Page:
We're sad to report that there were 24 bovine casualties as a result of this morning's wreck of a truck carrying 37 head of cattle. Several of the beefs that didn't make it were shot by police to prevent the animals from suffering -- which is refreshingly a-okay with People for the Ethical Treatment of Animals.
"None of these cows were going to have a humane death, anyway," PETA senior researcher Dan Paden tells New Times. "It might as well happen as the result of a well-placed gunshot."
Paden says he's seen a lot of these types of wrecks -- pigs, chickens, turkeys -- and in most cases, the injured, suffering animals often are an afterthought. Priority number one, he says: salvage the animals that are still worth money and deal with the suffering animals later.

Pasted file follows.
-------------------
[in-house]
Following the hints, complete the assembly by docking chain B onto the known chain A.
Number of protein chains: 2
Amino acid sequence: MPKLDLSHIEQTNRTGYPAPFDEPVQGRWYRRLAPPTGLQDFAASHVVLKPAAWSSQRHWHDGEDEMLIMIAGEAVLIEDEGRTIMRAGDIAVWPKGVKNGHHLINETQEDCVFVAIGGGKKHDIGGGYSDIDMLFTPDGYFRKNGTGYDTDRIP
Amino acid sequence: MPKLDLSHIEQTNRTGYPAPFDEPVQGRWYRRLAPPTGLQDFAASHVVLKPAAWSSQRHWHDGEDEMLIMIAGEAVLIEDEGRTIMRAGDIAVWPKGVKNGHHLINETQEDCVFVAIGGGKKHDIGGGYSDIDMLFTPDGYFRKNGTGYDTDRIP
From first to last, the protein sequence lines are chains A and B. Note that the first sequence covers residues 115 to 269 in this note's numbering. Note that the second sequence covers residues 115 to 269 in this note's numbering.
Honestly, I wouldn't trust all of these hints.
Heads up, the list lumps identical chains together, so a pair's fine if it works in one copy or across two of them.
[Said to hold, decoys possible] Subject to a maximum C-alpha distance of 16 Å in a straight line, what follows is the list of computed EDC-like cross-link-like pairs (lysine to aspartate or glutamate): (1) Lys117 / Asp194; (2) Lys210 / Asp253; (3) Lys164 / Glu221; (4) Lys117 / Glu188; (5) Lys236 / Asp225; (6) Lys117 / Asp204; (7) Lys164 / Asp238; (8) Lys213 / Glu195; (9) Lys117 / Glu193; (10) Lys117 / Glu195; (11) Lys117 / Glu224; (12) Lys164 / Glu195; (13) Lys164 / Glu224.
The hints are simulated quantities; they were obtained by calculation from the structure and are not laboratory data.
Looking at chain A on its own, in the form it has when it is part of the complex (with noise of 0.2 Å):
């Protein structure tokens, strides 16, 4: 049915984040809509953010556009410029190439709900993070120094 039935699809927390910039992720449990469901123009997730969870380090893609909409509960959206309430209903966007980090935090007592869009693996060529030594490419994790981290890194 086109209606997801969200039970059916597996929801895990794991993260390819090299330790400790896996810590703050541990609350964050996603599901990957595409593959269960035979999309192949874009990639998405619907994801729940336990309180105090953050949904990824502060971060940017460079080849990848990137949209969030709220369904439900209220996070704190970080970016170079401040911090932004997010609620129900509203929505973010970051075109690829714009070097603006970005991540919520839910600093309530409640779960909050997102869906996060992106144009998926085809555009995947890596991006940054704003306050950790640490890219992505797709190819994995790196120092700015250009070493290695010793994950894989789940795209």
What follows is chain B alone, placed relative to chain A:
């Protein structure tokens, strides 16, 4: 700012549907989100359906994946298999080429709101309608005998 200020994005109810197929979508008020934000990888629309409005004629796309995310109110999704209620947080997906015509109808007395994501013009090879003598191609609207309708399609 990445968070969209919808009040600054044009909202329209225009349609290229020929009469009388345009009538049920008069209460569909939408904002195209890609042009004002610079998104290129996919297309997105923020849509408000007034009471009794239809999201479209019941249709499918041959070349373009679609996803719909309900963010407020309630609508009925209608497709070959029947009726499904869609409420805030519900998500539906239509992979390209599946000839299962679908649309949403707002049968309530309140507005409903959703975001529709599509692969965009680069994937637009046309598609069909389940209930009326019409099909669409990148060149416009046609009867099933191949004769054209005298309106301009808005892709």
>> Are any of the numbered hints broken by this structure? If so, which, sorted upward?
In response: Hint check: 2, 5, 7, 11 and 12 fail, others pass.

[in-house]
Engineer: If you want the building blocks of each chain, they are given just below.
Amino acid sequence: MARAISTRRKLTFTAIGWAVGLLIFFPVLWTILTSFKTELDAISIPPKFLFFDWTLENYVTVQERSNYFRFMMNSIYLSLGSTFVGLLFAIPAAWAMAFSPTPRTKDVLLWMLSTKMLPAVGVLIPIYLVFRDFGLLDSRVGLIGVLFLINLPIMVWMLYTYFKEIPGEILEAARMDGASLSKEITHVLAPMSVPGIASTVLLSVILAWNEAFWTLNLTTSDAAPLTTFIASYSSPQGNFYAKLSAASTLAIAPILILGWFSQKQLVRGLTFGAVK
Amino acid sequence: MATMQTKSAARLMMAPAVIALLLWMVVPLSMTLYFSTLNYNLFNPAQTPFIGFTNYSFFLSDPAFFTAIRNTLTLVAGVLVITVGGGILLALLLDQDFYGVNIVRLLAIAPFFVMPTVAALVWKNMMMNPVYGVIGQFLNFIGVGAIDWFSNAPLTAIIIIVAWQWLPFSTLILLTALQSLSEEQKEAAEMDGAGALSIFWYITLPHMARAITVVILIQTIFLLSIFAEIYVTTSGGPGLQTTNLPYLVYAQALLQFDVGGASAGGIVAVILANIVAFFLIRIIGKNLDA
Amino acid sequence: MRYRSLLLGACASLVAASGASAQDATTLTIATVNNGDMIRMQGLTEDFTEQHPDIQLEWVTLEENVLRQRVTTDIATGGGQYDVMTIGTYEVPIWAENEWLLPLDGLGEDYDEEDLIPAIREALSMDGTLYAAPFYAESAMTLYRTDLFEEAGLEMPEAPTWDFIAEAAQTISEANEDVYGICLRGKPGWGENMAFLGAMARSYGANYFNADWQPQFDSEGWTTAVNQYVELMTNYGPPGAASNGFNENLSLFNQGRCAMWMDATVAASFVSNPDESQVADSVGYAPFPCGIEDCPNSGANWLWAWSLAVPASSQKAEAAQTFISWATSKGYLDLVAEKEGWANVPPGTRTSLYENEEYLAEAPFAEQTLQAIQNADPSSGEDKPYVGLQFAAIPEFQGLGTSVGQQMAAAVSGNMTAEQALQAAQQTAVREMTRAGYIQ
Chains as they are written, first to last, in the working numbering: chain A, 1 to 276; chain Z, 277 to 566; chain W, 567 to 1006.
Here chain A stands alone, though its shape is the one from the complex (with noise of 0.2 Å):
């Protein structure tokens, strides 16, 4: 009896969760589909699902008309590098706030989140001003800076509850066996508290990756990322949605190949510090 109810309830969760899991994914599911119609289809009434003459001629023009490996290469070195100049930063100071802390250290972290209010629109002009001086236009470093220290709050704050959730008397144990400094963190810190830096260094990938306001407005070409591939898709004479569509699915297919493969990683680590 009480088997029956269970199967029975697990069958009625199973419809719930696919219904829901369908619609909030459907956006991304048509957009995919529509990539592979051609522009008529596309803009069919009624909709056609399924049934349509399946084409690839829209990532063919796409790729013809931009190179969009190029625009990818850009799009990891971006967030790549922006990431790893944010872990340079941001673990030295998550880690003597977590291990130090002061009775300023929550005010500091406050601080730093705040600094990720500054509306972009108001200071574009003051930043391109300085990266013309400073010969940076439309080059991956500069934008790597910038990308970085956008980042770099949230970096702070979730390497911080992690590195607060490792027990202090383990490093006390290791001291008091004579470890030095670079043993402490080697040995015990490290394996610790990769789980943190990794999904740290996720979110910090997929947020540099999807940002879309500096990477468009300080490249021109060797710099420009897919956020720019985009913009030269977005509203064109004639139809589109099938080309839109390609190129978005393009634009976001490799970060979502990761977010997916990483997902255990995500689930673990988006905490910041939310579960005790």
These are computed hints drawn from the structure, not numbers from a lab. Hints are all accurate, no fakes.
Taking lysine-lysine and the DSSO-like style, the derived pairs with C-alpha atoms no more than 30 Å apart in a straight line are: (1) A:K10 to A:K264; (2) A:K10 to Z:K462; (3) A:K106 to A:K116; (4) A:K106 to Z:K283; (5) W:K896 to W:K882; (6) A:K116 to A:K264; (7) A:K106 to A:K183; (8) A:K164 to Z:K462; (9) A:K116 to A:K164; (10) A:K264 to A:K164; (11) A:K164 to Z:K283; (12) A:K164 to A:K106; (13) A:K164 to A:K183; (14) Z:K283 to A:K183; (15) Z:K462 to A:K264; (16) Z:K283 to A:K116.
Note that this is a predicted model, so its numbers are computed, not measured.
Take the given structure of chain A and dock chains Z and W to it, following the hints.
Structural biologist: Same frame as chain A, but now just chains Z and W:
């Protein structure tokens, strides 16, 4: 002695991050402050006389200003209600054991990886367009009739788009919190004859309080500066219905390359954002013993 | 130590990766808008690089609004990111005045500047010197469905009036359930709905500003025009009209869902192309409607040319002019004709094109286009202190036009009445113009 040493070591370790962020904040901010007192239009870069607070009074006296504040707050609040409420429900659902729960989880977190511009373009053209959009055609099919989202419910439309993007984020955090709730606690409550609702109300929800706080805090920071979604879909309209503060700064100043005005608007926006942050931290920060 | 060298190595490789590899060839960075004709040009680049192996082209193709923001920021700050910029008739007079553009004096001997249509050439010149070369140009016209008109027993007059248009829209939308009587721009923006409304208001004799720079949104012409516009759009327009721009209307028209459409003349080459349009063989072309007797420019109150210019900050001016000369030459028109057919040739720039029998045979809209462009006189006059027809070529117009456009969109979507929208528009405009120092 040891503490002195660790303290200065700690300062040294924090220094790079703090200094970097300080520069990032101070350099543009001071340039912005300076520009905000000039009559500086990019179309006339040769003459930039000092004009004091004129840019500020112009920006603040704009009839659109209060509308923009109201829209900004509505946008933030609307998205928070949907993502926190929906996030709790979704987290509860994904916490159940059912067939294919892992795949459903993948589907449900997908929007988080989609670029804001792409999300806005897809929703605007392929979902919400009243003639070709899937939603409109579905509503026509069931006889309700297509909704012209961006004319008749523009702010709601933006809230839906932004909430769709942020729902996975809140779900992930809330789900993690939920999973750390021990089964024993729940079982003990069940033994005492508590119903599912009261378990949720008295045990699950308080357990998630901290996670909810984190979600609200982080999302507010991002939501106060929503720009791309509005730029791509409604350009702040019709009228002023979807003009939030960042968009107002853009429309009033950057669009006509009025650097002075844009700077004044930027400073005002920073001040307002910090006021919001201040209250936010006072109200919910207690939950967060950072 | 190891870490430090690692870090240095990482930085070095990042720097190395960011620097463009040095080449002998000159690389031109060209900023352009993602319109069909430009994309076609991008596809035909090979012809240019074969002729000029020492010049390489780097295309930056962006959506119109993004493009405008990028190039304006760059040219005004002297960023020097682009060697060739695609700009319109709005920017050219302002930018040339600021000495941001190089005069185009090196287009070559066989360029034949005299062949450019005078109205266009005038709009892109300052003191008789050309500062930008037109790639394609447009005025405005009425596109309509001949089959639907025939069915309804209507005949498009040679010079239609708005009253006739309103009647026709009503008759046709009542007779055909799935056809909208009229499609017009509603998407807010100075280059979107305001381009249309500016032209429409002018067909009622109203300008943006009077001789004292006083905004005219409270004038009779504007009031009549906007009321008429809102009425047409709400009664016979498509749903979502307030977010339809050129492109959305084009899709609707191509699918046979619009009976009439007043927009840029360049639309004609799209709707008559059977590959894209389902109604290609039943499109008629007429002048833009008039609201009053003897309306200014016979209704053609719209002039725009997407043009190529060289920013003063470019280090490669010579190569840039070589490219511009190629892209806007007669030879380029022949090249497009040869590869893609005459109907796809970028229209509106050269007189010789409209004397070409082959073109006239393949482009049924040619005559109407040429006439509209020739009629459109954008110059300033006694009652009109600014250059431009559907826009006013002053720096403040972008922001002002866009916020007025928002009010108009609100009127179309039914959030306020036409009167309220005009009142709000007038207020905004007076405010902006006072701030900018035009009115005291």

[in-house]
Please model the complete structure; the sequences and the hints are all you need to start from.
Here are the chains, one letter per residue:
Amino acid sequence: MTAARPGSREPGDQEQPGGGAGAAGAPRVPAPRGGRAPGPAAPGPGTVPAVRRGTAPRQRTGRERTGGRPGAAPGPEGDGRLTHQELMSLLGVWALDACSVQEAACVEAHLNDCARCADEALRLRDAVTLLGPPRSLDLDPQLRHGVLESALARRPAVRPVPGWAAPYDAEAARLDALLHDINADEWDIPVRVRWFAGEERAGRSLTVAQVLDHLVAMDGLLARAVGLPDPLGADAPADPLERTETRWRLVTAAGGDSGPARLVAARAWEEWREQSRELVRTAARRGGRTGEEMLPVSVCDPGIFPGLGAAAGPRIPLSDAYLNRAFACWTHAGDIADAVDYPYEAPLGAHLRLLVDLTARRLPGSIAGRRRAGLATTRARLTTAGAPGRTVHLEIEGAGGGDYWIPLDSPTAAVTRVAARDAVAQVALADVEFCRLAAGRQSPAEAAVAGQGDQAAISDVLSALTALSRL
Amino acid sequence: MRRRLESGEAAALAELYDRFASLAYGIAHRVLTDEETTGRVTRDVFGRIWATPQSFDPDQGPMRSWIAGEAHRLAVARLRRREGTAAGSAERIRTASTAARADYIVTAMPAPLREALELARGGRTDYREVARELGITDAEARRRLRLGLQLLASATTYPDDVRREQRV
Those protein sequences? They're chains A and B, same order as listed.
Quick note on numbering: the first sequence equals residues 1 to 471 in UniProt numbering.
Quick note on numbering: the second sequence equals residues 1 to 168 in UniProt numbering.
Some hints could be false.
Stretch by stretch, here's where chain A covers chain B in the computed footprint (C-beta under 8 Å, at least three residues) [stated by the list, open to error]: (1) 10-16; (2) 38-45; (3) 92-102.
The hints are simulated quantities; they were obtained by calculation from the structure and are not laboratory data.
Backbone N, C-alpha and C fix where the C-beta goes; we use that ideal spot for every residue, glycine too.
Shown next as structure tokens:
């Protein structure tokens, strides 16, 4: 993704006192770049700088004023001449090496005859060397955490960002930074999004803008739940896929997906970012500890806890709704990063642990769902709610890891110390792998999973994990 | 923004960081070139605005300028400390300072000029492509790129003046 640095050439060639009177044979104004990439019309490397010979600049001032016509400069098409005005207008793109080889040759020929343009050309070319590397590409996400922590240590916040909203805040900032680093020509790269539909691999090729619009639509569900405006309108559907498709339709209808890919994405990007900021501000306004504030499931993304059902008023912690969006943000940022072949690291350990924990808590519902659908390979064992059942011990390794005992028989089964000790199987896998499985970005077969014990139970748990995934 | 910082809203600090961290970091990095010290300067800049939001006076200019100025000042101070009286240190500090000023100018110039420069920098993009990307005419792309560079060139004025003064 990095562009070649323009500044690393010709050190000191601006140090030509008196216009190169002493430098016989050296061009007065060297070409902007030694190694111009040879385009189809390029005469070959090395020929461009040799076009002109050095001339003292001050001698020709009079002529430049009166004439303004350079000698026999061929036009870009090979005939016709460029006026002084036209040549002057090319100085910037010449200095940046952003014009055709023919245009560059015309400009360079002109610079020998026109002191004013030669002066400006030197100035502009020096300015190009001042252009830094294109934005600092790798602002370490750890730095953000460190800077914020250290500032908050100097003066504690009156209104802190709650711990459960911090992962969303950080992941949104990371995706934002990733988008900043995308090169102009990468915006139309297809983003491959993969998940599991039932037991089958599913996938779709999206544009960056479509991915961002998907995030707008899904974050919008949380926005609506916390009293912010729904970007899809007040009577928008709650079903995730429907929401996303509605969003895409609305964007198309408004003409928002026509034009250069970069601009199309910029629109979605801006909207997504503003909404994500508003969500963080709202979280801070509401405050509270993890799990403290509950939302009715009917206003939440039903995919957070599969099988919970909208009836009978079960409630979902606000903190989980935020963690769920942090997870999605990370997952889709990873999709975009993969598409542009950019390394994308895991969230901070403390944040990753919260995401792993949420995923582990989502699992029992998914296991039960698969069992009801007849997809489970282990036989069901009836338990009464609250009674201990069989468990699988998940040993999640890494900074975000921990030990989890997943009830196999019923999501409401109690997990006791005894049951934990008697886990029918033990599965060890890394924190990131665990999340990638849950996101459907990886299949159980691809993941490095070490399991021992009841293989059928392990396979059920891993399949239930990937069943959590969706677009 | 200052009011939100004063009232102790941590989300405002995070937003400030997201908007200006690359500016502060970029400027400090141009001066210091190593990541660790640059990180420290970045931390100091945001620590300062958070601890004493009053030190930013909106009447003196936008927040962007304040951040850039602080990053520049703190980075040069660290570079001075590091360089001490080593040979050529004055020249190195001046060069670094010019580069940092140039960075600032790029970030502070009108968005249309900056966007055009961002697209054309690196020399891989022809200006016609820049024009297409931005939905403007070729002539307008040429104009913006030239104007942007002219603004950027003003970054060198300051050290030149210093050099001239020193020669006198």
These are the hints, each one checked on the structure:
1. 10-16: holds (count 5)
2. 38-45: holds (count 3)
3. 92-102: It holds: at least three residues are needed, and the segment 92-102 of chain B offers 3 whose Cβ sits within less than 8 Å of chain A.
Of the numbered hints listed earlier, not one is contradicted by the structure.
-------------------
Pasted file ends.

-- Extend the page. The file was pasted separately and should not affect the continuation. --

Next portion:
"The fact of the matter is these types of wrecks happen all the time in the United States," he continues. "All too often it's a second priority to tend to the injured animals."
Paden says the problem with transporting livestock is that slaughter houses often are too far from the farms or ranches that supply the animals. Drivers of the trucks, he says, often get over-tired and make mistakes.
"A lot of the wrecks I've seen happen in the middle of the day on a straight road," he says.
While this morning's wreck didn't exactly happen in the middle of the day (3 a.m. is when the truck reportedly went off Interstate 17 just north of Black Canyon City), driver error is apparently still the culprit.
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DPS spokesman Bart Graves tells New Times the driver of the truck, 37-year-old Tucker Green, of Box Elder, South Dakota, had been driving for about 15 hours straight, without a break and on very little sleep.
Green's been charged with failure to control his vehicle.
Graves confirms that several of the cows were shot by officers, but he says many died on impact during the wreck.
As for the 13 survivors of the wreck: They are heading to a slaughter house in Phoenix.